Bek and his elder brother Thomas Bek were members of a family of knights. Their father was Walter Bek, who held lands at Eresby in Lincolnshire. Another brother was John Beke, 1st Baron Beke of Eresby, who held the family lands in Eresby. Walter had married Eve, the niece of Walter de Gray, Archbishop of York. Bek was born about 1245 and was Walter’s third son. Both Thomas and Antony were educated at Oxford University, where they studied from 1267 to 1270.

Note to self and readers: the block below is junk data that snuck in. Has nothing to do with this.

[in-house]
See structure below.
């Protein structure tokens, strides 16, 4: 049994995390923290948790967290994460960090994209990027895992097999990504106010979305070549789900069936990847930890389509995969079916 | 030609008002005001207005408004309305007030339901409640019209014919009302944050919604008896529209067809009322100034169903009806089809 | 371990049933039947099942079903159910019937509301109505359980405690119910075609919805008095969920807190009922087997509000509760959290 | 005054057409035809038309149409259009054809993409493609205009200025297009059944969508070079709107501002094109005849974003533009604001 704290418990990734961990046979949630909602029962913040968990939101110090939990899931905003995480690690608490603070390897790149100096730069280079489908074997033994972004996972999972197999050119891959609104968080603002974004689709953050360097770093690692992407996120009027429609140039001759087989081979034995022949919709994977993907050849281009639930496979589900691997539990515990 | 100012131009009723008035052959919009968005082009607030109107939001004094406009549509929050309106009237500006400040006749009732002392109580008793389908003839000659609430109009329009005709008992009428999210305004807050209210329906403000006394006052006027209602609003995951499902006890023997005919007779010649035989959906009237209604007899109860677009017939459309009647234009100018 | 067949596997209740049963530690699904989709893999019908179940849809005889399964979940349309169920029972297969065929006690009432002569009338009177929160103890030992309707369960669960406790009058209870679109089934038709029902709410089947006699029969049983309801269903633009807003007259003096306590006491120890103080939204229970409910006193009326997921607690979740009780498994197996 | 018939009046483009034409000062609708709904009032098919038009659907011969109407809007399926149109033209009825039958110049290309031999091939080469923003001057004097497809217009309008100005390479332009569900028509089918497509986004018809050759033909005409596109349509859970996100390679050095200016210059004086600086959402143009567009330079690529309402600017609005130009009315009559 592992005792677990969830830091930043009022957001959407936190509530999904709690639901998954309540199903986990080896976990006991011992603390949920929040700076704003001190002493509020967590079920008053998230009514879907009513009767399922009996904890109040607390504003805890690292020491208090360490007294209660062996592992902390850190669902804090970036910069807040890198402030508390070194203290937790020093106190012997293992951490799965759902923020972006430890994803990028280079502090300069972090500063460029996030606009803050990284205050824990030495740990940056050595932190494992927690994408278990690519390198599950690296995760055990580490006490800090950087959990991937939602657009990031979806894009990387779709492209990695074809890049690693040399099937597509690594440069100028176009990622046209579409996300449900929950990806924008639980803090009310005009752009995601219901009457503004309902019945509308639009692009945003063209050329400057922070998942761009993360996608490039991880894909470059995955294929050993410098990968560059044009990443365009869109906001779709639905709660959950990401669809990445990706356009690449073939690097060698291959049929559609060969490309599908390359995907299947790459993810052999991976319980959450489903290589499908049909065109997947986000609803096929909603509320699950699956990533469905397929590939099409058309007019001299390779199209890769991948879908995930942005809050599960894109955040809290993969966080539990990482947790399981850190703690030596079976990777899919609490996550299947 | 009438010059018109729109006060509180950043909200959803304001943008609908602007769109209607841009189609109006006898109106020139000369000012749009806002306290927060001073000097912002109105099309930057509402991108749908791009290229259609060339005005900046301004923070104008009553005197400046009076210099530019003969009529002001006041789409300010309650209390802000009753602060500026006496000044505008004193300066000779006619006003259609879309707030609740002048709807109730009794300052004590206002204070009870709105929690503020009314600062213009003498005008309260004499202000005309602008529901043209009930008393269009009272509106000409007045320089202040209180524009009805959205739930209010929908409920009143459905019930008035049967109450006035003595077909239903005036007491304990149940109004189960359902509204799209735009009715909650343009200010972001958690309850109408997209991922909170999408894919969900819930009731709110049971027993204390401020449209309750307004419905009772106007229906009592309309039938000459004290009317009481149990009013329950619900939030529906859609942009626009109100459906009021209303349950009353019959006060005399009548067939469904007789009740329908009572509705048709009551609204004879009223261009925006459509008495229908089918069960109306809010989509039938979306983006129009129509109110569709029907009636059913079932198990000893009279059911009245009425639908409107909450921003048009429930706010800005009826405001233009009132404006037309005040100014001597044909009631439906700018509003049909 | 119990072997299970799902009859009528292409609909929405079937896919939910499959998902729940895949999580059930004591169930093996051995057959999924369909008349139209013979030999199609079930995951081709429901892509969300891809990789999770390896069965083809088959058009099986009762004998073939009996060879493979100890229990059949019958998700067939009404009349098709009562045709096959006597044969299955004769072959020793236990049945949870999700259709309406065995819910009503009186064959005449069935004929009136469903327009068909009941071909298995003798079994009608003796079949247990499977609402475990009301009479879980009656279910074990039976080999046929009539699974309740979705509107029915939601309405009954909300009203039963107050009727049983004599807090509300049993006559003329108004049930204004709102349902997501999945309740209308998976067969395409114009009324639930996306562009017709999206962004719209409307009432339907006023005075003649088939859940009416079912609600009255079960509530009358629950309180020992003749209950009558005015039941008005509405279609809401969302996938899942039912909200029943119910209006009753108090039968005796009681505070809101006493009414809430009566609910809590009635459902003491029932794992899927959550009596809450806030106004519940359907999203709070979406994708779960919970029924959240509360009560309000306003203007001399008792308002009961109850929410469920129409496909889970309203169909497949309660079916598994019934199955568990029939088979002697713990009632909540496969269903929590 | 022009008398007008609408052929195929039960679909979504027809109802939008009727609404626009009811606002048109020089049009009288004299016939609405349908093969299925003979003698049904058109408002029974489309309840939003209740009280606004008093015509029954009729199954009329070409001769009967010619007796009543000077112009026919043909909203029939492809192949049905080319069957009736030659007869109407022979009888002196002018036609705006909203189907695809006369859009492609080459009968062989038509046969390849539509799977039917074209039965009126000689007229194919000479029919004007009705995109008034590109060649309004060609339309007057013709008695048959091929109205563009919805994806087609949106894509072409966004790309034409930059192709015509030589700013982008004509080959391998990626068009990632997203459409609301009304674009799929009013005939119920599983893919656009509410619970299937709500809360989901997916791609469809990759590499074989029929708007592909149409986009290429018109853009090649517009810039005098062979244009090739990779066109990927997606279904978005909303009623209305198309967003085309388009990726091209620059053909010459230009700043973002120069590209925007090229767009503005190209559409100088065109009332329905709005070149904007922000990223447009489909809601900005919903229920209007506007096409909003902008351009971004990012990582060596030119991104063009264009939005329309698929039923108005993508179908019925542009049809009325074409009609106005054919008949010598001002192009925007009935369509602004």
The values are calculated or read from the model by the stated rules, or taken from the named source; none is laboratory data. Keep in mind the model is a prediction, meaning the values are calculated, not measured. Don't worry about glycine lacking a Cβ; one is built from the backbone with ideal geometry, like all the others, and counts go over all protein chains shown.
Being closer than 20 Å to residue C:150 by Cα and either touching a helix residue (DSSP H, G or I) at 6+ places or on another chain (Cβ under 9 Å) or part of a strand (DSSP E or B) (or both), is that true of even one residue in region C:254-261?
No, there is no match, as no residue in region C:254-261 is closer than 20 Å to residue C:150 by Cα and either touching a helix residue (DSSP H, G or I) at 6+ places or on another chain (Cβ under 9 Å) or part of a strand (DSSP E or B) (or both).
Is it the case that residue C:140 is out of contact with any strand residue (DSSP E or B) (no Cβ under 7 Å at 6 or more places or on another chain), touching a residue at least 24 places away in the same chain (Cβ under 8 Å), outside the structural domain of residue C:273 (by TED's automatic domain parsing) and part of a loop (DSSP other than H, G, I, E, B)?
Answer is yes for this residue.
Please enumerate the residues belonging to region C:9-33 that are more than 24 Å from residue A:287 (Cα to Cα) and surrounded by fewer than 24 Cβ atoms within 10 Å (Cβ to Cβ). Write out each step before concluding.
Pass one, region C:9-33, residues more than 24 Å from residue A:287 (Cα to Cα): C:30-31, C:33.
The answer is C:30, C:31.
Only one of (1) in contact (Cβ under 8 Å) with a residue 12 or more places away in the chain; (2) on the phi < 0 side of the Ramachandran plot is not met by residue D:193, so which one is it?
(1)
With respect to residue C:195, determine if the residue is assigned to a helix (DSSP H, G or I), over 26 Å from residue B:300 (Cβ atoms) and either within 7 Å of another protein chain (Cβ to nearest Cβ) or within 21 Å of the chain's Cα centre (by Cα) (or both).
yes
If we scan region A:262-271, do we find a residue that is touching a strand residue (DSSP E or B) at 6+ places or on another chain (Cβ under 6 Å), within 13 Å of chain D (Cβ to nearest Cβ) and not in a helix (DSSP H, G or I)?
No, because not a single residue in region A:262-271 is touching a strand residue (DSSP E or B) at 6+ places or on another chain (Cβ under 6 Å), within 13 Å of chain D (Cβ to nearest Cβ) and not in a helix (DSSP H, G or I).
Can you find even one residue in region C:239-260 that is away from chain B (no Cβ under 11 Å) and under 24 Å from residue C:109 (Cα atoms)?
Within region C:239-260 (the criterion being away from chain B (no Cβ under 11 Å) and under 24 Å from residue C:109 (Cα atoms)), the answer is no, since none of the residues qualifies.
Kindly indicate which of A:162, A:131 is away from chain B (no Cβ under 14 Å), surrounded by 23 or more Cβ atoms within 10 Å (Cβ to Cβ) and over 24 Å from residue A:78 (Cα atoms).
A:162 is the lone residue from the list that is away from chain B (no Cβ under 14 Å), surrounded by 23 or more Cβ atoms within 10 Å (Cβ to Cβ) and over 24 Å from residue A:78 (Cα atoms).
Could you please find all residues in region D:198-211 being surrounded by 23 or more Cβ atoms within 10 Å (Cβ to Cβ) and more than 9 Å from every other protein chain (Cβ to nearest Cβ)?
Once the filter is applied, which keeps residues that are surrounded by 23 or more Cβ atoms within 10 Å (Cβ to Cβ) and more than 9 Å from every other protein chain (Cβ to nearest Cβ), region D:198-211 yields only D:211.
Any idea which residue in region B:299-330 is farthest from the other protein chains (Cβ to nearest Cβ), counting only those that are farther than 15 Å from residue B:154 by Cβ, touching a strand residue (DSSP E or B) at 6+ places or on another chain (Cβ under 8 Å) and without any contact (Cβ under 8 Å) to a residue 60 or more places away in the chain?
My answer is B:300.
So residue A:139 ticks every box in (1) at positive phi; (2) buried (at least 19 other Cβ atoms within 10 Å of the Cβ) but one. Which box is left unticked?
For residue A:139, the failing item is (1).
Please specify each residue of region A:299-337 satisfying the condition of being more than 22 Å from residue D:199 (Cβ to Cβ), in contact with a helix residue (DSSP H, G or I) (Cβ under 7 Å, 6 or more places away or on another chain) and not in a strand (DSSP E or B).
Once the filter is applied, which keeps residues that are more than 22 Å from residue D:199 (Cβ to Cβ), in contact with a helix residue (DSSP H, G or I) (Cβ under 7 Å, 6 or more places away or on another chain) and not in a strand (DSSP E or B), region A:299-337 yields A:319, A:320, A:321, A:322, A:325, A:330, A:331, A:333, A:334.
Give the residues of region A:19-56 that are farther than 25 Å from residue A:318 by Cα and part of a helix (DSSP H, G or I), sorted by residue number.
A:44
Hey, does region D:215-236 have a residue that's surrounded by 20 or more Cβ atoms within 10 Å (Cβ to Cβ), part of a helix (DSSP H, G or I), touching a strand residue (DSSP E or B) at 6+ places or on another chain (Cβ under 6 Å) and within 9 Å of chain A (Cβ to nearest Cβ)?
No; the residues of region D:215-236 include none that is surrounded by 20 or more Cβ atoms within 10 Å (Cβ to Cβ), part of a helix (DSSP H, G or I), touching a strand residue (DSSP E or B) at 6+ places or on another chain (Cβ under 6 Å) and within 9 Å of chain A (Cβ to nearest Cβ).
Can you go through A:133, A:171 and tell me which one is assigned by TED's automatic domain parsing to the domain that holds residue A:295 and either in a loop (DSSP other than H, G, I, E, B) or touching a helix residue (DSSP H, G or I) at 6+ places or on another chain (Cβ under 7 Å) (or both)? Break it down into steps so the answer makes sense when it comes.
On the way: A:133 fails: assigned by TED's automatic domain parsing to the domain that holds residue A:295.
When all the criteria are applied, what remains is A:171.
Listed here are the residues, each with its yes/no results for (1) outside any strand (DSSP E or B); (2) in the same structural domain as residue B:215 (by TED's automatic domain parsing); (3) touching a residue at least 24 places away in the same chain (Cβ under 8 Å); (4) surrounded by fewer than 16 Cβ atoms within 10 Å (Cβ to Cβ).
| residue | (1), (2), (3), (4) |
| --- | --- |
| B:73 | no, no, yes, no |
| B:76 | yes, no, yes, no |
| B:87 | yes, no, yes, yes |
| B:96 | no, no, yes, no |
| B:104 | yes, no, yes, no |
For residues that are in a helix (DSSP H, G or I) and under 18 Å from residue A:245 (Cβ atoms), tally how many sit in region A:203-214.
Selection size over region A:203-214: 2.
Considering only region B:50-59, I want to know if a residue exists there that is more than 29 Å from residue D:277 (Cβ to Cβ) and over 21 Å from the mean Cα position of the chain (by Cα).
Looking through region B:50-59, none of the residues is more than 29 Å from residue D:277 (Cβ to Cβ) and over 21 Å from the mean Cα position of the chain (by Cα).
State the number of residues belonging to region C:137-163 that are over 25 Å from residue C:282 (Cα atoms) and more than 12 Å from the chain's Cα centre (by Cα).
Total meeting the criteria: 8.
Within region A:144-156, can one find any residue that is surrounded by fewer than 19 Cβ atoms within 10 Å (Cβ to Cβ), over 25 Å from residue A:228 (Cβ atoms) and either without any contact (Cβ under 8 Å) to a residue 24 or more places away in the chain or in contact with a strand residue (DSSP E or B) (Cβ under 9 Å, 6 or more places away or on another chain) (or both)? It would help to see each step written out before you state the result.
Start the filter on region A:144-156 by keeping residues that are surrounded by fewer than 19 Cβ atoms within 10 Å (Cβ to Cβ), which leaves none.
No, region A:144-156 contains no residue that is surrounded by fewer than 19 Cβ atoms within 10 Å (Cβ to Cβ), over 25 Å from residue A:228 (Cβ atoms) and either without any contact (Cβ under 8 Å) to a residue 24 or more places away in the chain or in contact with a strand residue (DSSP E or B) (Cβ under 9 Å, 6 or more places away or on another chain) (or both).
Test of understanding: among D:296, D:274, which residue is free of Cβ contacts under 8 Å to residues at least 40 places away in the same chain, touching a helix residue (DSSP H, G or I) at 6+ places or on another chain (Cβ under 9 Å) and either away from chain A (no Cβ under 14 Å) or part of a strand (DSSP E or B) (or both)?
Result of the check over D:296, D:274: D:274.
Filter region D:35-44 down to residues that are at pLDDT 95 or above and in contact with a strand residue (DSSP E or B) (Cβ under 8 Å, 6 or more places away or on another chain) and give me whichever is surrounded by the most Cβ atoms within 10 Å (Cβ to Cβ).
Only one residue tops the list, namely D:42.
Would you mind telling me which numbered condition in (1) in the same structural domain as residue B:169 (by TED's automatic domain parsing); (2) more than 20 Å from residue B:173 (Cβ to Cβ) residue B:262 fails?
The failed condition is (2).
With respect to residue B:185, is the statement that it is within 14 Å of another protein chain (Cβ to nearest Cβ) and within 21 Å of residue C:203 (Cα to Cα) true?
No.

Having entered the clergy, Bek received several benefices and soon attracted the attention of the Lord Edward, the heir of King Henry III of England. He was Archdeacon of Durham by 1275, as well as precentor of York and held prebends at Lichfield, London, and Wells. Bek accompanied Edward when the prince went on Crusade in 1270. When Edward returned from crusading, he appointed Bek to the office of Keeper of the wardrobe on 21 September 1274, but Bek held the office for only about a month, and was replaced in October with his brother Thomas Bek. Edward named Bek the constable of the Tower of London in 1275. In November 1277 Bek was one of the councillors sent by Edward to negotiate with Llywelyn ap Gruffudd, Prince of Wales. The result was the Treaty of Aberconwy which required Llywelyn to give up hostages, pay a large fine, give up claims to some lands and pay homage to King Edward. Bek was also sent to Aragon to negotiate the marriage of Edward’s daughter Eleanor to the heir of Aragon, Alfonso.